Ruby port is a blend from several harvests, different years and different quintas.
It spends a minimum of two years in very large vats before being bottled. The large vats minimize the amount of air that comes in contact with the wine, which reduces oxidization so the wine retains its bright red hue. Ruby is ready to drink when it is bottled and has a rich red colour and a full fruity taste.
A Tawny port is also a blend from several harvests but is aged for two to seven years in casks. The smaller storage vessels allow more oxidization than the vats used for Ruby ports. It is ready to drink as soon as it is bottled. As its name implies, Tawny port has a deep mahogany colour, with a drier and nuttier taste.
Aged Tawny is the best Tawny port. It can have an age of 10, 20, 30 or more than 40 years. The age will be indicated on the label and describes the average age of the wines in the blend. In a twenty year old aged Tawny, there may be some ports 100 years old to add a complexity to the wine. Aged Tawny port has a refined, subtle taste.
A Colheita (pronounced "call yay ta" which means "harvest") is a Tawny port made with grapes from a single harvest. It is aged at least seven years in casks - or "in wood" - but is usually aged much longer. Some port wine houses have Colheitas for almost every year, dating back to the past two centuries. The label indicates the year of the harvest.
White ports have a lighter taste and vary from quite sweet to very dry. The sweetest are called lagrima. These wines are made from a blend white grapes from different vineyards and different quintas and may have a small amount of juice from red grapes. The wine spends two to three years in casks and is ready to drink when it is bottled. White port is usually served as an aperitif and makes a very tasty and refreshing drink called a Portsplash or Portonic (mix of half white port, half tonic water, ice and a twist of lemon)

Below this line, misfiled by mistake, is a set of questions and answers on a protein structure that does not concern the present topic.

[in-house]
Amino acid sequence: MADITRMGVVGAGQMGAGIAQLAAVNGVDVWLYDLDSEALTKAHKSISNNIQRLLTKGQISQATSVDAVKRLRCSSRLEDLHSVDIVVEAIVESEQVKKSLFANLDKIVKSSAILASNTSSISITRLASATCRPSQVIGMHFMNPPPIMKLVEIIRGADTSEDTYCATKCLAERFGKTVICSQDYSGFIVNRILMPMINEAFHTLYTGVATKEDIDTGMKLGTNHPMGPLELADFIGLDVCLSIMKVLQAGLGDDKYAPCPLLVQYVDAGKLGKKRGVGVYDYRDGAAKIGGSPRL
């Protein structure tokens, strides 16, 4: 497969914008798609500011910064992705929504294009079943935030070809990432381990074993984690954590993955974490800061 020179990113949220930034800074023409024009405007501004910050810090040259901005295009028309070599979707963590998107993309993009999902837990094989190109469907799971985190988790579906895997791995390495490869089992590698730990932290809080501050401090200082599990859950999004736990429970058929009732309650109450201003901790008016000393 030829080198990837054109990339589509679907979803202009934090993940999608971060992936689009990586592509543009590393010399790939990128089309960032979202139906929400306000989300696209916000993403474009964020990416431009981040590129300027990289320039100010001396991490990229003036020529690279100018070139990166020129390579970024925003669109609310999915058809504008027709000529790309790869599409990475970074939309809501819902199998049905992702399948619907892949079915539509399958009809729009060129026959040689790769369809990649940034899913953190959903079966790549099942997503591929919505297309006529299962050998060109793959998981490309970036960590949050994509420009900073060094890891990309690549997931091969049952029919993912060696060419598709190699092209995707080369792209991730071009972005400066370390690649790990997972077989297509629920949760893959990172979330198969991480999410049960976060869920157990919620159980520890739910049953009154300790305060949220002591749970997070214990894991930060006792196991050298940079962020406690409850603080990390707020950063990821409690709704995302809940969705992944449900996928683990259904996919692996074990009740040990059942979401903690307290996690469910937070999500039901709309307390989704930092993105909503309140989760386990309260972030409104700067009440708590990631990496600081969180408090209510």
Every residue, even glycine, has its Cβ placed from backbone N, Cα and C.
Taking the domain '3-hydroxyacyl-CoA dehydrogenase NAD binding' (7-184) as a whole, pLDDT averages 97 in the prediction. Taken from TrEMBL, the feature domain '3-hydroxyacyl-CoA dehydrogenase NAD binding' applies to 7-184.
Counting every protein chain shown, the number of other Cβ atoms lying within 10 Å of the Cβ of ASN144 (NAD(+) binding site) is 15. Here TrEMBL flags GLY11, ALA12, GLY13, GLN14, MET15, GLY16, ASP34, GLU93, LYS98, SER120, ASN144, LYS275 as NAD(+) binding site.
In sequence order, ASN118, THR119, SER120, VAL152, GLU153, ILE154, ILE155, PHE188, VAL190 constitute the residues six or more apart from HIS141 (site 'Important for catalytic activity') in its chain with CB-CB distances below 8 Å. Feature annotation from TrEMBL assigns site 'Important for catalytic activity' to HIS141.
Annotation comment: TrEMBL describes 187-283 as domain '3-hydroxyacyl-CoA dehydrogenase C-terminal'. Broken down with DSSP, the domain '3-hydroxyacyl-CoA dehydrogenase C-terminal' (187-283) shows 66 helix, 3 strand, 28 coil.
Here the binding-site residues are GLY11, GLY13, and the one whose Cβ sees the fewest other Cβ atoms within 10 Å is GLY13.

Crusted port is a type of Ruby and spends three years in a cask but most of its ageing is in a bottle. It is a blend of wines from several different years and gets its name from the sediment that appears in the bottle as the wine ages, since the wine is not filtered. This crust is mainly tiny pieces of grape skin plus bits of seed and stems that settle in the lowest part of the bottle. Sediment does not taste or feel good so the port must be decanted.
Single-Quinta ports are made with wine from one vineyard. They may be Tawny or Vintage styles. After aging two years in wood they are bottled and spend from 5 to 50 years maturing. The label will indicate the Vintage year and bottling date. Single quinta port has a complex, and refined taste.
Late-Bottled Vintage port (LBV) is made from grapes grown in a single year.
The port is aged four to six years in wood before bottling. The label will indicate the Vintage and bottling date. The LBV port is ready to drink earlier than Vintage port and when labeled "Traditional", it may have some sediment. For this reason, L.B.V "Traditional" ports, like Vintage ports, need decanting.
Vintage port comes from a single harvest of exceptional quality and is bottled after two years in wood.
The wine then spends many years aging in the bottle (in glass) and the label will show the year of the Vintage and the year the wine was bottled. This is one of the most sought-after wines in the world.
Types of Port